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Covering state lawmakers, bills, and policy emerging from Jefferson City.

"It Should not be Debatable": Springfield Citizens and Leaders Oppose State Budget Proposal

A group of Springfield citizens and business leaders are protesting proposed cuts by the Missouri Senate to the 2016 state budget. Their plan would lump most of the funding for the departments of Health and Senior Services, Social Services, and Mental Health, together and reduce could services for the elderly, disabled, and children in need of welfare.

The Missouri Budget Project says the Senate budget cuts more than $183 million from those departments compared to the House-approved budget.

“Most of my life is still in my control,” Watson explains.

74-year-old Marty Watson, who receives in-home care for numerous health problems, says the cuts could be life changing.

She says if the reductions lead to a major cut in Medicaid, she would no longer be able to enjoy her independence.

“I would be in the position of having to sell my house and move to assisted living, single home, or something. I would not be safe to stay in my house.”

Shelby Butler, the access coordinator for the Southwest Center for Independent Living, says providing for Watson’s current freedom is the organization’s mission.

“Any disruption or interruption of these services could put individuals at risk and put the programs in a negative downward spiral,” Butler says.

She says the cuts will not only hurt those receiving in-home care, like Watson, but will actually just require more state funds.

“We urge the conference committee and legislature to keep vulnerable individuals in mind when discussing the budget, and cutting funds that provide these necessary services which save the individual from losing their independence and save the state money from costly nursing facilities.”

In addition to affecting the elderly, the proposed budget would reduce disability assistance funds by $12 million.

That’s according to Mike Powers, the CEO of Arc of the Ozarks. His organization provides employment, housing, and other necessary services to over 1,000 people in southwest Missouri. He says that $12 million goes farther than you may think. 

“When you cut one dollar out of these funds, you’re actually cutting 3. So that 12 million is more like 30 million,” Powers says.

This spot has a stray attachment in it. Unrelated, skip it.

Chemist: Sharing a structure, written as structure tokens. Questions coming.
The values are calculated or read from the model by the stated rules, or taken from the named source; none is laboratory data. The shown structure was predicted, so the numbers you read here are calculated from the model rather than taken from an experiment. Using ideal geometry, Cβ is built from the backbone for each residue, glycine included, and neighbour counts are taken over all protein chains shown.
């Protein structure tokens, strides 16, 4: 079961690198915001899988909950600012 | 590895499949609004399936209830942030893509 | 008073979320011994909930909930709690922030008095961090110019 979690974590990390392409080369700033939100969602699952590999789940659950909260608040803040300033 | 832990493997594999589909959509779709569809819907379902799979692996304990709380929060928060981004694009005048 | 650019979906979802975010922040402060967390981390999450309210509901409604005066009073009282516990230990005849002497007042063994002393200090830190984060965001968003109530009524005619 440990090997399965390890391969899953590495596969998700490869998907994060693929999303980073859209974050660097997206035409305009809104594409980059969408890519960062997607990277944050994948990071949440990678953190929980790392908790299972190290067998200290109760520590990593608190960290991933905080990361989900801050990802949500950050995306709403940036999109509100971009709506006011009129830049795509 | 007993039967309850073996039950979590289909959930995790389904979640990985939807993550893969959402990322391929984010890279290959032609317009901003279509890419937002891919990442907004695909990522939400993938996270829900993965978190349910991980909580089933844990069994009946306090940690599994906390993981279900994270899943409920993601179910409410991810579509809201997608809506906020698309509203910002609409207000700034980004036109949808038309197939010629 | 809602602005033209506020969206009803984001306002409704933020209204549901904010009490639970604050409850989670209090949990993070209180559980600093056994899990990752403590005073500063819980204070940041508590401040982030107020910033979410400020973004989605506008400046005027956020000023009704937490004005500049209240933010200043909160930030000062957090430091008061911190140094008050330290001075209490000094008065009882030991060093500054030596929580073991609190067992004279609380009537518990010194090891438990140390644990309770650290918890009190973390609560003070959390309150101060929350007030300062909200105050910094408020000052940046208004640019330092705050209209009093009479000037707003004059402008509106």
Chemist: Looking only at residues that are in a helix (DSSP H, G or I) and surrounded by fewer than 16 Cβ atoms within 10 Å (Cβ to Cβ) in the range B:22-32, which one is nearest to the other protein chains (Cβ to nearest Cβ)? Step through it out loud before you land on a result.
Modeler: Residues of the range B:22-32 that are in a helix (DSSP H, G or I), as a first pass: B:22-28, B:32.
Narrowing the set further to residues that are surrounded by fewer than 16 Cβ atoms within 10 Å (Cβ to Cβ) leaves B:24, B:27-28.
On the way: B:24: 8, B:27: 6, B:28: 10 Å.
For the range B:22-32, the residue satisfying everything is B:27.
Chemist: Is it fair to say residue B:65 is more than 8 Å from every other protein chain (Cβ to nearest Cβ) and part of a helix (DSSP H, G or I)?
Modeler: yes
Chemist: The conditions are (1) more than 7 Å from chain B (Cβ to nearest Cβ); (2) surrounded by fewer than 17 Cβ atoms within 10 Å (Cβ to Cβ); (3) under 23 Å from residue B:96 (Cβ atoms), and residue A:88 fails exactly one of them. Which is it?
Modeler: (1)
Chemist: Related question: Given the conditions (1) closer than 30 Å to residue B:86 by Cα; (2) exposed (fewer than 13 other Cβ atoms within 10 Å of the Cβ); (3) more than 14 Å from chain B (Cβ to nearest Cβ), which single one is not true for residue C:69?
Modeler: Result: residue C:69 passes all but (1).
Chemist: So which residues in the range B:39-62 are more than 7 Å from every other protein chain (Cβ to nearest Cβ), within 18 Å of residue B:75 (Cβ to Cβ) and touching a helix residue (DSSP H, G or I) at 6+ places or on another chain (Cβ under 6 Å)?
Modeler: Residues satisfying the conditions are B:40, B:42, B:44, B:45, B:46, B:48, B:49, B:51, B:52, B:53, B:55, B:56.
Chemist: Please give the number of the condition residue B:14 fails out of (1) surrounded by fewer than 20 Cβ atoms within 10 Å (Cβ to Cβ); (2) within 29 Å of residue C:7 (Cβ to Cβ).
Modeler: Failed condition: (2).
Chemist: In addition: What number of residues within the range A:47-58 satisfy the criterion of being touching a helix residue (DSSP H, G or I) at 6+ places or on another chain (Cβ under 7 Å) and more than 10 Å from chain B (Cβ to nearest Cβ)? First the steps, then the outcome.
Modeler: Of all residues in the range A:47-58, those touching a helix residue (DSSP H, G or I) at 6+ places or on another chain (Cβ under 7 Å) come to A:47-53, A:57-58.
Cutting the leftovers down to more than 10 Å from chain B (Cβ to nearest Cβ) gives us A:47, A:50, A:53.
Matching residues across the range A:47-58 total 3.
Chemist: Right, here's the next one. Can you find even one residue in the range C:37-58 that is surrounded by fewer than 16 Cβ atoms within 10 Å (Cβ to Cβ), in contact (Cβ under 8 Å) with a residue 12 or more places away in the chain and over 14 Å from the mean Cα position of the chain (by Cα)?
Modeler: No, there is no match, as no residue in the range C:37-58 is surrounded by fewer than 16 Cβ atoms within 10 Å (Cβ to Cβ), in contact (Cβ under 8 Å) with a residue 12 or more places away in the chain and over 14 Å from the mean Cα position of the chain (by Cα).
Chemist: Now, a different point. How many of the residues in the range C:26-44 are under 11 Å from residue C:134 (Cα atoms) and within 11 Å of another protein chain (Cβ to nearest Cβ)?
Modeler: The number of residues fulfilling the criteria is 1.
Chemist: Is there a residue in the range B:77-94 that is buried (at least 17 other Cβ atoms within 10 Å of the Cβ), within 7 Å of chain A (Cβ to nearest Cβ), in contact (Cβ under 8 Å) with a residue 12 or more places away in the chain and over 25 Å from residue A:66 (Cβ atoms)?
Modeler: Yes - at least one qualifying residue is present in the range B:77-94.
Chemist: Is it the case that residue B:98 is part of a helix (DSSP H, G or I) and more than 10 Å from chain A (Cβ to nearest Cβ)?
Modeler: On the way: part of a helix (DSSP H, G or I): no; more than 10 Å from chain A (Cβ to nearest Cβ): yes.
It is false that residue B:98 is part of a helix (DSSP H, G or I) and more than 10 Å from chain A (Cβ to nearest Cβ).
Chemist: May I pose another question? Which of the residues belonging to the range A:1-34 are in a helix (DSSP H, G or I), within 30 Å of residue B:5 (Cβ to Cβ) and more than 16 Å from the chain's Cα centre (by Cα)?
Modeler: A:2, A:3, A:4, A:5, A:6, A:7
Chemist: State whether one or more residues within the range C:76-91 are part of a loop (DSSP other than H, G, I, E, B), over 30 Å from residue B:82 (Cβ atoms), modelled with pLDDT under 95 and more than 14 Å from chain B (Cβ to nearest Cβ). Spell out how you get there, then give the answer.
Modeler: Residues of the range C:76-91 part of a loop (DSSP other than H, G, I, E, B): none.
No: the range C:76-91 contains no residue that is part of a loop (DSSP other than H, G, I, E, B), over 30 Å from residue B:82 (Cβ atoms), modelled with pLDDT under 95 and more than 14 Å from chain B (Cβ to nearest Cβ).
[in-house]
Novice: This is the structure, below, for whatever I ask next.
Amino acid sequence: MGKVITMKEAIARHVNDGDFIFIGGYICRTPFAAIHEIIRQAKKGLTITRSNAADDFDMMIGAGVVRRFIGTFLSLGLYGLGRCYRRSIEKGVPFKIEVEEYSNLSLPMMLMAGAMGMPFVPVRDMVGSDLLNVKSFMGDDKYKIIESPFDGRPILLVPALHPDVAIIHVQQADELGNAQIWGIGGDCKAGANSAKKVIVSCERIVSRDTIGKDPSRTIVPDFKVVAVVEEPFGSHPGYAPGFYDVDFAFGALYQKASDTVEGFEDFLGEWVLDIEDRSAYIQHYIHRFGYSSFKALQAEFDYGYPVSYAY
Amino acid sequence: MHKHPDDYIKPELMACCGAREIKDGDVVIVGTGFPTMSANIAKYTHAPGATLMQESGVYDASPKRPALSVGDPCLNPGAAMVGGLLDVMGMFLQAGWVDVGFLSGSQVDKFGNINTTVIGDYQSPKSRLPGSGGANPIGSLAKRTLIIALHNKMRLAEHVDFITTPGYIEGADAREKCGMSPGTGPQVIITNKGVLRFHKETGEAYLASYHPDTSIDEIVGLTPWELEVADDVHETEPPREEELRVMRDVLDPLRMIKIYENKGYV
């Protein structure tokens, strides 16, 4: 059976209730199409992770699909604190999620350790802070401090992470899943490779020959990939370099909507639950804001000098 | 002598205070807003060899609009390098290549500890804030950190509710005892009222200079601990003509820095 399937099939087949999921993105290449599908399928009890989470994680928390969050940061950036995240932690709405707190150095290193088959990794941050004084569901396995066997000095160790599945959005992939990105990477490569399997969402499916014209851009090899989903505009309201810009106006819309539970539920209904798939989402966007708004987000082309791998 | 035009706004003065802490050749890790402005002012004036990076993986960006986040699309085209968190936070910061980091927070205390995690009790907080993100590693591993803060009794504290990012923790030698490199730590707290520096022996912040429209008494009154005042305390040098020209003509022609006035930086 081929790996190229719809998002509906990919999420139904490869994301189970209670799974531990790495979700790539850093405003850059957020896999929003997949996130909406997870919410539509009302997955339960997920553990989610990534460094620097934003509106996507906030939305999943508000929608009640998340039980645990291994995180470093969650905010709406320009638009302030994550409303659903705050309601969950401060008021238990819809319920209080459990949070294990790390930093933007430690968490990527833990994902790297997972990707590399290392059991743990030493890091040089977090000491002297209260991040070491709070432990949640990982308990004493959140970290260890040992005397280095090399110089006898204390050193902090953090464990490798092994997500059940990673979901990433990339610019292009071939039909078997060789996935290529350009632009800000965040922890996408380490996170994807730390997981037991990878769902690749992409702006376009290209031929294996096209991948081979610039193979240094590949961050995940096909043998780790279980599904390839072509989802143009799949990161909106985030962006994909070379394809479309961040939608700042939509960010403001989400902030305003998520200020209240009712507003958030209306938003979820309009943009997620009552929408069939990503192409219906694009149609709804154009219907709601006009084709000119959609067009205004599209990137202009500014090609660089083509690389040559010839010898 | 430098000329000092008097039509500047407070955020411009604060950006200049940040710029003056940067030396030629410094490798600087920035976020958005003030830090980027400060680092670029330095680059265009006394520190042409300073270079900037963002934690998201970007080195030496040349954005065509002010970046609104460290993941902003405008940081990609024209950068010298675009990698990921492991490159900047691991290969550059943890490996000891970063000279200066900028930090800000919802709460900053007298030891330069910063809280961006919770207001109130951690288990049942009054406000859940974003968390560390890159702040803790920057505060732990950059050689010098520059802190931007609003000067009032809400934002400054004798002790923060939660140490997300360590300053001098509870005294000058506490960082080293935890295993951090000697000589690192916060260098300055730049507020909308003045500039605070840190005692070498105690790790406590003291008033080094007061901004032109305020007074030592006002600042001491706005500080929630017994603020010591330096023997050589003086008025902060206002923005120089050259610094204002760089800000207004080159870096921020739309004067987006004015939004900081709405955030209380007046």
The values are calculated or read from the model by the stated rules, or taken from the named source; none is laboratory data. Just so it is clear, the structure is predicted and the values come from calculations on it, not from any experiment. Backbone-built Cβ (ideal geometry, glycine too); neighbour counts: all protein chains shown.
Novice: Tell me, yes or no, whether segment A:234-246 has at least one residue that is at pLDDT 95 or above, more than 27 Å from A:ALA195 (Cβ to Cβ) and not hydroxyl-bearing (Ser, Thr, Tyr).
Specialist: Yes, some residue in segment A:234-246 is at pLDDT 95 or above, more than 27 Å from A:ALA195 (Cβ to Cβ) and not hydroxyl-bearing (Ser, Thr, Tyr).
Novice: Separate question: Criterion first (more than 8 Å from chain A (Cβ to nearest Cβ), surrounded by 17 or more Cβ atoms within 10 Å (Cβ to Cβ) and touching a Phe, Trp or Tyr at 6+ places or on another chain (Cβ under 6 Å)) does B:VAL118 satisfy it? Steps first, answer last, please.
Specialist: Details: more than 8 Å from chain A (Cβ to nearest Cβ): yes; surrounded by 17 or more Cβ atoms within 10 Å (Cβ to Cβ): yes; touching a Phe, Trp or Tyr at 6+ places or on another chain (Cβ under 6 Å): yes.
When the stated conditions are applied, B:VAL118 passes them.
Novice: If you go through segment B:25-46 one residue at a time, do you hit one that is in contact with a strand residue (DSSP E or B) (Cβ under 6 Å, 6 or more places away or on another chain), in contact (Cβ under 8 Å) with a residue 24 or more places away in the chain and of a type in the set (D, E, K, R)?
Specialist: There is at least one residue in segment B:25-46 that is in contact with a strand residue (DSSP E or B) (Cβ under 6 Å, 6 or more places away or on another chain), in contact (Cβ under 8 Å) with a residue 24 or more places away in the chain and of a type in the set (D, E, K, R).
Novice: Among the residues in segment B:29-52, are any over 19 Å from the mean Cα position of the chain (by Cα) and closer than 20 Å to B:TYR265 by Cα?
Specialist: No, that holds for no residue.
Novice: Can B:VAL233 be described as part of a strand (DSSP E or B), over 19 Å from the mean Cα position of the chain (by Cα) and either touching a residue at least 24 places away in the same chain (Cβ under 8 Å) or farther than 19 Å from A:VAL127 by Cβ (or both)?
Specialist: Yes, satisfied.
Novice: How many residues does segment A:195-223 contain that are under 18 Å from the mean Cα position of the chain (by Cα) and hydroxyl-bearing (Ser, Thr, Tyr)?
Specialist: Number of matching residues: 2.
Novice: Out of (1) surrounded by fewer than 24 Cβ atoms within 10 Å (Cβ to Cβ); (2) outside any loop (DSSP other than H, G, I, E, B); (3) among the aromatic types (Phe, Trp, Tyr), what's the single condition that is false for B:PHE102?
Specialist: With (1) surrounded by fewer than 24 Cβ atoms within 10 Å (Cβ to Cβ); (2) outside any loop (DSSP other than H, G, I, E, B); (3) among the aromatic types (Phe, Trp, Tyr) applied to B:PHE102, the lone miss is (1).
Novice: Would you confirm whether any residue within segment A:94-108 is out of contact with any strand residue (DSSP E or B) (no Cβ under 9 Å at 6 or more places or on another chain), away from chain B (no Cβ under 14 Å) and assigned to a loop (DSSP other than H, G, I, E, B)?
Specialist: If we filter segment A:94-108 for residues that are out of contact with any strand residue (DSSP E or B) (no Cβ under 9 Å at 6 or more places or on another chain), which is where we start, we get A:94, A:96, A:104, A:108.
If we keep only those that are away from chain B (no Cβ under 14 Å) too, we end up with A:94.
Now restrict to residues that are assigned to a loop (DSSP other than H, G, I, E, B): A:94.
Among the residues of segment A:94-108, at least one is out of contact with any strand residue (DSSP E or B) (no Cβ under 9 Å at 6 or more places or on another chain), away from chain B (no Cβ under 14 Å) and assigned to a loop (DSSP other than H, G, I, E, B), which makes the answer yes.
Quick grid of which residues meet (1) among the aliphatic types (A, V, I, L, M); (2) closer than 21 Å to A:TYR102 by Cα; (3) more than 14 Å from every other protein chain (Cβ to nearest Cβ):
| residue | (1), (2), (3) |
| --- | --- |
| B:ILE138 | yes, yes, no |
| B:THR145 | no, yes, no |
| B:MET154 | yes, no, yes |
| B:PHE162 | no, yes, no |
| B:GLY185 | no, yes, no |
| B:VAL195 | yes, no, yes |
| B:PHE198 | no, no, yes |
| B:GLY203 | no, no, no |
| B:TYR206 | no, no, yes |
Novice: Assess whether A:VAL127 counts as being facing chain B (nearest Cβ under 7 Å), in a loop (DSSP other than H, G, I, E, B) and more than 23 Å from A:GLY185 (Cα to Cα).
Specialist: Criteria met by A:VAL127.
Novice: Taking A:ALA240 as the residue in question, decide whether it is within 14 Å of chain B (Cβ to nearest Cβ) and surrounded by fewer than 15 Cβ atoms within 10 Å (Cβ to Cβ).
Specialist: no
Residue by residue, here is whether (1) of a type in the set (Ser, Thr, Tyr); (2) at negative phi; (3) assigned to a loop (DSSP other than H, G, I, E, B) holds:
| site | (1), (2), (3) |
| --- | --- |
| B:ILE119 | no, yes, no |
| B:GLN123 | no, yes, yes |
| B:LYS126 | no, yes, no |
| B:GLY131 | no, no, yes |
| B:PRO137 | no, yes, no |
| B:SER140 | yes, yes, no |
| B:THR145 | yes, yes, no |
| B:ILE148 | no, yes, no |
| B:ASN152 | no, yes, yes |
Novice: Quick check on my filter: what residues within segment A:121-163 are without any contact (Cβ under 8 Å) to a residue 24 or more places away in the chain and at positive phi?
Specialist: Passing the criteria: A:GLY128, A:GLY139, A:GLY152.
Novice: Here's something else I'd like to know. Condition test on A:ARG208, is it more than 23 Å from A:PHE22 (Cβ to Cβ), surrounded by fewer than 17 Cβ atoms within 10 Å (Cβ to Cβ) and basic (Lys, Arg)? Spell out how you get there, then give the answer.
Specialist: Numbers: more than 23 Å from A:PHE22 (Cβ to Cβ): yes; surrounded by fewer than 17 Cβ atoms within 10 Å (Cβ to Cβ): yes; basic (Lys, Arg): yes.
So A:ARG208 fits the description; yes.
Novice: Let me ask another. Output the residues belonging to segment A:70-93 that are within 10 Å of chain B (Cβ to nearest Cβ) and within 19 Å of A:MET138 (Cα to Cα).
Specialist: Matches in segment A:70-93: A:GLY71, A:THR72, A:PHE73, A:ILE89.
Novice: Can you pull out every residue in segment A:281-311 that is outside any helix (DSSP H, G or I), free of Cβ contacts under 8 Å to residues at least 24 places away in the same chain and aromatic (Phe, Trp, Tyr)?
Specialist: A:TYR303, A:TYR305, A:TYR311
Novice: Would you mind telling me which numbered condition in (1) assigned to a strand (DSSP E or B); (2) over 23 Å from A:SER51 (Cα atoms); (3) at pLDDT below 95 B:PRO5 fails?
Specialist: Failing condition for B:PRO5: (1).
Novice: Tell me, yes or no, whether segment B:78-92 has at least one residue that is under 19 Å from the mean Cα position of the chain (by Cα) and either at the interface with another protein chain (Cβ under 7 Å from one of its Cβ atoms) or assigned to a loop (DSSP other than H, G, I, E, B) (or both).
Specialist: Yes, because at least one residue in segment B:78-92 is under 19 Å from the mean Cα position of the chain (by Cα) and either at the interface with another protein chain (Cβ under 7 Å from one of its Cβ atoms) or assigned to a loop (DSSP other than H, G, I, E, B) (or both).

The reduced budget proposal, he says, will force the Arc to cut programs like therapy, home care, and employment training.

“Services for individuals with disabilities are already significantly underfunded. The impact of this cut and the magnitude of it would be very severe.”

Jan Jones, the Executive Director of Abilities First, says the negative effects of the proposed budget cut do not stop there. She says she is worried about the proposed organizational structure.

“This lumped sum funding is not something that Missouri has ever done before. It eliminates a lot of the transparency that we currently have in state government. When individual things are shown in the budge under a line item, as citizens we know what those funds are being used to do. When it’s a lumped fund, we no longer have that ability to see ‘what is that being used for?,’” Jones says.

Since it is such a new system, Jones says there’s also no way to predict what other changes or bad results may occur.

A third area affected by the proposed budget cut is child welfare.

Kris Barefield, a family law and child abuse and neglect attorney, says the proposed budget could reduce the availability of services like counseling, therapy, and help for 17-year-olds about to age out of the foster system. He says there is no question that the budget cuts should not happen.

“Providing the highest level of social services for the innocent and most vulnerable members of our community should not be debatable,” Barefield says.

Marty Watson agrees. She says that while she does have health problems, she currently feels in control of her life.

Losing her in-home care because of the state budget cuts, however, would make her feel as though the control was ripped out of her hands, she says.

“The worse part of it is not only knowing that you might lose what you have, but also the sense of helplessness, and the independence and the pride that that takes away.”

Lawmakers from both the House and Senate are set to begin this week attempting to work out differences between the budget proposals from each.

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